Wednesday, May 21, 2014

Sinigang na halaan

This is a Filipino meta-recipe.

You can have Sinigang na X where X can be a large variety of different kinds of meats and seafood. The three classic versions for the X would be pork, chicken and bangus respectively.

A word about bangus (milkfish). It's a fish that was traditionally found in the sea but can grow in brackish water. It's one of the older examples of aquaculture — at least 800 years old in the Philippines. The fish are bony — very bony and it's a skill to eat them.

Sinigang is a sour clear broth with one or more sources of meat and/or seafood, a ton of vegetables, and one souring agent. There is a purity of flavor coming from one very clear-cut souring source which neatly dovetails into the umami of the broth from the meat/seafood.

It is traditionally eaten with rice. The rice is frequently topped with fried garlic and/or fresh scallions but these are all details.

There are traditional recipes but there are clearly two dimensions to the dish — what meat/seafood you choose and what souring agent you choose.

Filipinos love sour food. This is a necessity forced by a tropical climate and a few millennia of no refrigeration turned into a cultural trait. It's one of the few ways to preserve food in a tropical climate so that there is no wastage. There is a difference though. The souring agents are cooked through. It gives them a "rounded mellow" flavor rather than the aggressive hit of acidity that you would get without cooking. There has to be enough sourness to wake up the taste buds but not so much as to make it pucker and inedible.

The list of souring agents is endless — vinegar made from all sorts of sources (coconut, palm, sugarcane, pineapples, etc.), tamarind, calamansi, kamias, santol, green mangoes, green guava, star fruit, green pineapples, even leaves of various plants, etc. This list barely even scratches the surface of this subject. The Philippines probably has the longest list of souring agents of any culture that the CC knows about.

Needless to say the souring agents are not substitutable for each other. It does matter whether you are making a sinigang with a hearty ingredient like pork or delicate ones like seafood. Santol which has an astringent tannic component would be most inappropriate for a seafood sinigang while almost all delicate fruit-based versions would work wonderfully.

There are also some classic touches about the choices of vegetables in a sinigang — a starchy root (taro, banana hearts or "New World" potatoes), some "green protein" typically long beans, and some greens in many many different forms — everything from sili (chili leaves) to bok choy, kang kong, and malunggay. Needless to say once tomatoes were discovered and transferred to the "Old World", they became irresistible additions for reasons we have covered on the blog before.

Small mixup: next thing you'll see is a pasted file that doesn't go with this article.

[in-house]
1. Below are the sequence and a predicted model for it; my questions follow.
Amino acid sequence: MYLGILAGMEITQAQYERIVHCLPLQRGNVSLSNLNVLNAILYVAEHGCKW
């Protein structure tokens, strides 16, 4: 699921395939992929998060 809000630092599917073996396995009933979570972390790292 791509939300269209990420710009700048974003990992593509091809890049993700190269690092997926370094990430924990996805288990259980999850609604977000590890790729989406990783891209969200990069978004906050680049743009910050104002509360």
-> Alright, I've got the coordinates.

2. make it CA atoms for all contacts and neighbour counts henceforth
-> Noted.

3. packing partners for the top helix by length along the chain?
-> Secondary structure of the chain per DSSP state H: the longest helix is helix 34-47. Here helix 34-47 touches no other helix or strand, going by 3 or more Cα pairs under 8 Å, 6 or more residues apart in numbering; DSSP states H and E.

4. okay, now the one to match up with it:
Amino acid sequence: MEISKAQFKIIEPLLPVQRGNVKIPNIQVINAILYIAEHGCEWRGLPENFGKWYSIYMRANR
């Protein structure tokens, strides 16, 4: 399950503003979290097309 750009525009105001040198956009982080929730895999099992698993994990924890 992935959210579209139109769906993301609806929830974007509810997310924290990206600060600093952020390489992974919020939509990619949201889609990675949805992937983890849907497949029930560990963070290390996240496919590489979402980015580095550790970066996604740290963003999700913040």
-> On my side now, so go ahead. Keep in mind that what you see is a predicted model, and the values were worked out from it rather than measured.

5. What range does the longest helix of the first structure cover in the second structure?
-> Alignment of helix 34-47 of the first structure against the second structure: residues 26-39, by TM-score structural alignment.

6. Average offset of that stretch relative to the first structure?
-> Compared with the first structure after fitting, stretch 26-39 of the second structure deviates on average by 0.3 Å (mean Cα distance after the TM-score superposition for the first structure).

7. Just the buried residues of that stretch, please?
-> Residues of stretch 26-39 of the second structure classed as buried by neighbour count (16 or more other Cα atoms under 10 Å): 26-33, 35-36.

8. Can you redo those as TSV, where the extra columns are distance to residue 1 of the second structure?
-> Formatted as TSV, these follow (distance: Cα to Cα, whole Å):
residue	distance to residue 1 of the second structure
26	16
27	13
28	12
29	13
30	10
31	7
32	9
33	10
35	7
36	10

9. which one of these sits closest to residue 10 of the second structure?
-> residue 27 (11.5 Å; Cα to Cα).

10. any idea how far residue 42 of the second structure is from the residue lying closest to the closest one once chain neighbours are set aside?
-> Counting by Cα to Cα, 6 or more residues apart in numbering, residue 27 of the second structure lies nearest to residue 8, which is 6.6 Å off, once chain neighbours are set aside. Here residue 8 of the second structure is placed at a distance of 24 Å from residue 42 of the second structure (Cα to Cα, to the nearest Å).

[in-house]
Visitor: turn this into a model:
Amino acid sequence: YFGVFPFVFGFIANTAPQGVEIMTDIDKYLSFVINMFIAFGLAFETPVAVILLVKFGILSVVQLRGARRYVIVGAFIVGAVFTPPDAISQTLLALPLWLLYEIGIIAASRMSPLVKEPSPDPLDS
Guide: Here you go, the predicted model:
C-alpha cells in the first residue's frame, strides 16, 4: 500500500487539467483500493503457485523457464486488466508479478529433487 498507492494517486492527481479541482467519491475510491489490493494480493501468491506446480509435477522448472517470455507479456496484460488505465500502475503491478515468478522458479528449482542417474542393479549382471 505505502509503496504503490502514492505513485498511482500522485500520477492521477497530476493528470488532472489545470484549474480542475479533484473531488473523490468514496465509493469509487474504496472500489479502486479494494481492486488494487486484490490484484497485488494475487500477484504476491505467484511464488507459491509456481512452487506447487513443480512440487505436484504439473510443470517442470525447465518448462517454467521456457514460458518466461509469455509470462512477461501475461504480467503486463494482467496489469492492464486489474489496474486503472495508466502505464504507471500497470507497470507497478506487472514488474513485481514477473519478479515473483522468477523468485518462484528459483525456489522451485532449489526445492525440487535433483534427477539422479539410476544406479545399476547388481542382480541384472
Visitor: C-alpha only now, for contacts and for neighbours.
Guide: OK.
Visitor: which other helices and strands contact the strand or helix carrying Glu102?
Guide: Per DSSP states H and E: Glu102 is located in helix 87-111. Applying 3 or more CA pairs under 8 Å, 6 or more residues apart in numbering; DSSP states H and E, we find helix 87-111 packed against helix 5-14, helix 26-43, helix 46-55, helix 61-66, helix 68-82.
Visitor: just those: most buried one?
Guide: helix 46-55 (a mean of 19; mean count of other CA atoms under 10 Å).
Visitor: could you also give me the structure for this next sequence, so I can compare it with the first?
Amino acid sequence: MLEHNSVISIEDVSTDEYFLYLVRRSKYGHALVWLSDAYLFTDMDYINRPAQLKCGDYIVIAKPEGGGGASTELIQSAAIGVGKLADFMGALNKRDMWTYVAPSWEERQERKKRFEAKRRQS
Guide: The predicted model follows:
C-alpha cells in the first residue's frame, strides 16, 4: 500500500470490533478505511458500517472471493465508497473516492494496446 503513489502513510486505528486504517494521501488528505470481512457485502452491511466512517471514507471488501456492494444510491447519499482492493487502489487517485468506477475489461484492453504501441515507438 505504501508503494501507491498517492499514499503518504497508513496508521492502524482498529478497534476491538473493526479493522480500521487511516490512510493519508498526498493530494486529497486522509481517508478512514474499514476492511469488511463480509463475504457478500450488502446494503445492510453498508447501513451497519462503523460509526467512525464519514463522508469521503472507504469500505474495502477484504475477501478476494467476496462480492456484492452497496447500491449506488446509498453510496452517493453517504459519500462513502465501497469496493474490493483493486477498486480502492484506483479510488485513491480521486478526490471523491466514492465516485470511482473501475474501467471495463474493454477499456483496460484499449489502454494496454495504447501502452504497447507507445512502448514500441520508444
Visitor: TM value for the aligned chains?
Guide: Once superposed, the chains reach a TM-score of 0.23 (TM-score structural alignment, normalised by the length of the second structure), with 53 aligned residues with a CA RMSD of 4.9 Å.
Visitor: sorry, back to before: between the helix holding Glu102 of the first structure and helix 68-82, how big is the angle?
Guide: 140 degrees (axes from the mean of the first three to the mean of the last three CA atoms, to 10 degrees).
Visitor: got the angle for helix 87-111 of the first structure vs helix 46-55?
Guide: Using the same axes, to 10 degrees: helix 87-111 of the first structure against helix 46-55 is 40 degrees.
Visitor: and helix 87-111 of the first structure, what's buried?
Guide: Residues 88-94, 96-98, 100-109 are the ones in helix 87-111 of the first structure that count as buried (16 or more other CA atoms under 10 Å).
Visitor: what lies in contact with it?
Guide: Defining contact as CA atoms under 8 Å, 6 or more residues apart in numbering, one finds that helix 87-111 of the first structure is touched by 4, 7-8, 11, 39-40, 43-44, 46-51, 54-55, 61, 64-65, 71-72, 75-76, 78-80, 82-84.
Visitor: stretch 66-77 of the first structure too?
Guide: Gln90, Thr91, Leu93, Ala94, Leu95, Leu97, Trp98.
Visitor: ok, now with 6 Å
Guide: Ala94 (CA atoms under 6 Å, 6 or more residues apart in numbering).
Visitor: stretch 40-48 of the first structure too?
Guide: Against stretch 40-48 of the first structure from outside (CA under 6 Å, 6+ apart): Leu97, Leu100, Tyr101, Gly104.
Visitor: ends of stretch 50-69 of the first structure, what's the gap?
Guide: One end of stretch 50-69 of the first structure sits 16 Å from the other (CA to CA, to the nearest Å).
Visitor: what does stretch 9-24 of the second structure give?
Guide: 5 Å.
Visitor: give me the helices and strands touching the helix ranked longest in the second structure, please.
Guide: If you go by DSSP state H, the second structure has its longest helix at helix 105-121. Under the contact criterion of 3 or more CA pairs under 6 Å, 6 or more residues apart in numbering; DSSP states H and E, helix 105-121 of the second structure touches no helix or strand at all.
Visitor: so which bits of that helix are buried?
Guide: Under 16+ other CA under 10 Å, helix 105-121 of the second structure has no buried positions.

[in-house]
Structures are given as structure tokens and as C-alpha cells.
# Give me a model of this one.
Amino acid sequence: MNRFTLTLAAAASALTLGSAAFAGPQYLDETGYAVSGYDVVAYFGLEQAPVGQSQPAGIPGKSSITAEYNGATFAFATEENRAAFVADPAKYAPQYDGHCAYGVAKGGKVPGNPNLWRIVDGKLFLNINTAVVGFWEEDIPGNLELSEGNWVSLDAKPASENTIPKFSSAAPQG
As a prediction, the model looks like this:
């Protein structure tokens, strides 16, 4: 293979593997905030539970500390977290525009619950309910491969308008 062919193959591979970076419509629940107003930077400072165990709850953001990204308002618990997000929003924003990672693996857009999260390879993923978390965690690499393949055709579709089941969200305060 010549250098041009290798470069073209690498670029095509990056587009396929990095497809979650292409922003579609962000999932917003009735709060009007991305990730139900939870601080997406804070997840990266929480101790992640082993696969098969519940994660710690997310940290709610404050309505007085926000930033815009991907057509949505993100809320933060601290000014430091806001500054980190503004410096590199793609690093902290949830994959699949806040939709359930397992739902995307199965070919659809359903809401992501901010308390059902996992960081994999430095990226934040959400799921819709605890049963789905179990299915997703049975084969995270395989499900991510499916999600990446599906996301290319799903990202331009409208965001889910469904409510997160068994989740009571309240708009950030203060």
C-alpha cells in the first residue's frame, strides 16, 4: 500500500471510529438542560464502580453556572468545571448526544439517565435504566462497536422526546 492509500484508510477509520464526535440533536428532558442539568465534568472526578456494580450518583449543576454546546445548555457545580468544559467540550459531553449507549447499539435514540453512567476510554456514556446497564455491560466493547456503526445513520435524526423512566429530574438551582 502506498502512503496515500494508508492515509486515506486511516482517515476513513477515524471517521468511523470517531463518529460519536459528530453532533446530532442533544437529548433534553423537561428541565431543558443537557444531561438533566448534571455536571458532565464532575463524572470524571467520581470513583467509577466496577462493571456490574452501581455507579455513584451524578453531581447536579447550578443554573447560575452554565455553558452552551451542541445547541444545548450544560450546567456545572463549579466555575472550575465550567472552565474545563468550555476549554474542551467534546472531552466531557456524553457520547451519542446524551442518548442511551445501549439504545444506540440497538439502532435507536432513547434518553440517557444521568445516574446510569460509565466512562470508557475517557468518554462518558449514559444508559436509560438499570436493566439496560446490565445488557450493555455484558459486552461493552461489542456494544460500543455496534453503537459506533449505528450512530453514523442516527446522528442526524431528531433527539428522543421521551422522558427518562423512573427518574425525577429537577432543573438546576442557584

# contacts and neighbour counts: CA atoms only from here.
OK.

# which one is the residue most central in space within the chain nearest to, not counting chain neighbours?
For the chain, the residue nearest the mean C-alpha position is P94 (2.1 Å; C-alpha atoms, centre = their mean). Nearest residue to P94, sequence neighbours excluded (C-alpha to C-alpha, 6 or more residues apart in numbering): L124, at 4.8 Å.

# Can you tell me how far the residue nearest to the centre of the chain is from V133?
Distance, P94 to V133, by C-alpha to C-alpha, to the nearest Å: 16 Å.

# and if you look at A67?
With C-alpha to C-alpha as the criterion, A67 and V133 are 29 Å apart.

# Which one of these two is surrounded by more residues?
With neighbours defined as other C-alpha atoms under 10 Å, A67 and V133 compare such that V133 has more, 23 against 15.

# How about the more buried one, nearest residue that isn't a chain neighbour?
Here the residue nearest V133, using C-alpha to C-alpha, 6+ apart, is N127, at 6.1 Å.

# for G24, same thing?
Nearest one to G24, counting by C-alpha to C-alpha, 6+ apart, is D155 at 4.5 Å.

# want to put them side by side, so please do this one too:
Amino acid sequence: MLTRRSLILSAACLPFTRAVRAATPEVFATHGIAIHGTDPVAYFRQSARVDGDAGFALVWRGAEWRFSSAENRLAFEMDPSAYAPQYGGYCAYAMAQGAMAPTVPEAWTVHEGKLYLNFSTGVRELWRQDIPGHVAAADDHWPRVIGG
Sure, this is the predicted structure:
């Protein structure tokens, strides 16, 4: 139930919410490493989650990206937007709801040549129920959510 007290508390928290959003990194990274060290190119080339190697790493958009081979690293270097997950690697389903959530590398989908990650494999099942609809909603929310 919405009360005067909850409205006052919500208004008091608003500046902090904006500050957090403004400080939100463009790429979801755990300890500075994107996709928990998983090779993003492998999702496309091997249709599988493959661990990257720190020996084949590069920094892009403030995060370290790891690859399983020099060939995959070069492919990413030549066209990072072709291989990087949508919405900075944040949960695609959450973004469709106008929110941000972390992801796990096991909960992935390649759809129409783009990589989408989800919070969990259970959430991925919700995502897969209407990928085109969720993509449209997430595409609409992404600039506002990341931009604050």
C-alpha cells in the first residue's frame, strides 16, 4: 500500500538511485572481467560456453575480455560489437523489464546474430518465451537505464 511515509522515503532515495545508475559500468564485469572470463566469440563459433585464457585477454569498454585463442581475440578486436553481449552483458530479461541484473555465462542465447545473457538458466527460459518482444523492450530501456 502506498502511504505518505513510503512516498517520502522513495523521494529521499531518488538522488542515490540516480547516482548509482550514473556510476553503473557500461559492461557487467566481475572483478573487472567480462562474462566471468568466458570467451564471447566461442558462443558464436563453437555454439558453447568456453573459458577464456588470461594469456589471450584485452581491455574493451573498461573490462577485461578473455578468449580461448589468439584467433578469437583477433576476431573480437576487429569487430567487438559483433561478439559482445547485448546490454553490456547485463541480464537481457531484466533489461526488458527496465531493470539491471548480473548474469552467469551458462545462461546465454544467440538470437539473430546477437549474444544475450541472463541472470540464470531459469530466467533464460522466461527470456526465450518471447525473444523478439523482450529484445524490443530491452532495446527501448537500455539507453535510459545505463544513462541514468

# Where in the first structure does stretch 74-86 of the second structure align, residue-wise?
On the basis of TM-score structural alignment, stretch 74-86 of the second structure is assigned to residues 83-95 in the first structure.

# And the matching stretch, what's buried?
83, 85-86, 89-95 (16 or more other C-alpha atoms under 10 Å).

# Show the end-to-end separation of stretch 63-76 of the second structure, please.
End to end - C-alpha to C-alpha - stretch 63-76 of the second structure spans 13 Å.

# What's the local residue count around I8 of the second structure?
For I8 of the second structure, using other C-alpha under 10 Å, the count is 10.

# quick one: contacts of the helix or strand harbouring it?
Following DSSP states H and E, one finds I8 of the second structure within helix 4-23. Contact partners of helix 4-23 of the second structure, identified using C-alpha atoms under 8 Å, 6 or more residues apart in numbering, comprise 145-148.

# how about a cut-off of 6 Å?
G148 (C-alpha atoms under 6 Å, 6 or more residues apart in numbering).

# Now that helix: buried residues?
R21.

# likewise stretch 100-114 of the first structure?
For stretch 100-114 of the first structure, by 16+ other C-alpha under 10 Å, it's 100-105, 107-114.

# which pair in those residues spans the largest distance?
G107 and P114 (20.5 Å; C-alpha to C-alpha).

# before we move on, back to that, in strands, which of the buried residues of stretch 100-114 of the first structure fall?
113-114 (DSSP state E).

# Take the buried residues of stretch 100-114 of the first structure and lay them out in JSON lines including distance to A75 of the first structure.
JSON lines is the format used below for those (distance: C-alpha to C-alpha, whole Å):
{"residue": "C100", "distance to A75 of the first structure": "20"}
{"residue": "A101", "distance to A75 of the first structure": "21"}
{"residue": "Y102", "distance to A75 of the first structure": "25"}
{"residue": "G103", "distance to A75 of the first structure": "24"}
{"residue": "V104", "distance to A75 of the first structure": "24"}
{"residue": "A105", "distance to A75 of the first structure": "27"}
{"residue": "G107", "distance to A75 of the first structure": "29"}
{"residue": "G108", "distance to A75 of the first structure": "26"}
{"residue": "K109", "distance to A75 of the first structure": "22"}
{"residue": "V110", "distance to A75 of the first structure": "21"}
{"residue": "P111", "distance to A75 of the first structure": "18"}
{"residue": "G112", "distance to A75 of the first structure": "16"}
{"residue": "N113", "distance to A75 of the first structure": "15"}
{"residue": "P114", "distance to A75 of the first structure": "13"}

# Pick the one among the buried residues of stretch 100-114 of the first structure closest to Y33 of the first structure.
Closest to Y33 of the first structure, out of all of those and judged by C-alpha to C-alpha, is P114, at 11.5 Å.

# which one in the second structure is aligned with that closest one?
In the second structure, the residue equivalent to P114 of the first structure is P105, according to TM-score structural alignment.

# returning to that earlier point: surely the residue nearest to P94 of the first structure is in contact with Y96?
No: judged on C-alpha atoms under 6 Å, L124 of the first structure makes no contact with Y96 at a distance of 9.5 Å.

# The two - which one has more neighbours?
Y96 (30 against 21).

The ingredients are rotated with the combinatorial game that we have talked about extensively on the blog — you will see corn, carrots, radishes, eggplants and all kinds of other vegetables in there. There's a pairing bias though. You see lighter vegetables with seafood and more aggressive ones like eggplants with meat which makes logical sense based upon the palate profile.

Make no mistake though. The star is the sour broth.

One last word about the use of Filipino-style fish sauce called patis. It's basically the same concept as the Roman garum or the Thai nahm pla but it's arguably different. The CC would have no trouble distinguishing it in a blind tasting. You could substitute but it won't be the same.

Just like in Thai recipes, you don't add salt to the dish. The salt comes via the addition of the patis. Additionally, for this recipe with clams, they will give off plenty of salty liquid. Traditionally, the patis is always added towards the end where you can control the level of saltiness. (It also adds substantial umami to the dish.)

This makes a perfectly good soup even in the absence of rice which is heresy as far as the Filipino world is concerned but the CC can live with that.

After all this long explanatory buildup, this is not a difficult recipe. It's what Filipino moms make when they are too lazy to make something. It's really so simple as to defy its excellence.

Sinigang na halaan


1 large onion (sliced)
1" ginger (chopped thinly)
2 pieces ginger (chopped thinly)
1 chili (sliced lengthwise - optional)

2 small tomatoes (chopped into large pieces)
24 clams
2 cups tamarind water (read below)
2 cups water

1 lotus root (cut into 1/3" slices)
2 cups long beans (sliced into 2" pieces)
4 pieces baby bok choy (tough bottom parts cut off)
2 sprigs chili leaves (sili leaves)

patis (to taste)
vegetable oil


Note: Various markets (Filipino, Indian, Thai) carry frozen "green fruits" and both fresh and dried tamarind. They are perfectly excellent in making the various sour broths because the textural component is not important in the least.

First make the tamarind water. Heat up 2 1/2 cups of water with tamarind pods and bring to a boil. Simmer for 10 minutes. Let it sit in the cooling water. When it has cooled down, separate the water from the pods using a strainer. Discard the solids. Retain the tamarind water.

Heat up the oil in a sturdy pot. Add the onions, ginger, garlic and chili (if using) and fry for a bit till soft. Roughly 6 minutes.

Add the tamarind water, the water and bring to a boil. Add the lotus roots and let cook for 3 minutes. Add the long beans and let cook for 4 minutes.

Add the clams. Let them cook till they open. Roughly 8 minutes.

Turn off the heat.

At the very end, add the tomatoes, the bok choy and the chili leaves and let them sit for a few minutes to wilt. Add the patis to taste.

Serve immediately with rice (or not.)

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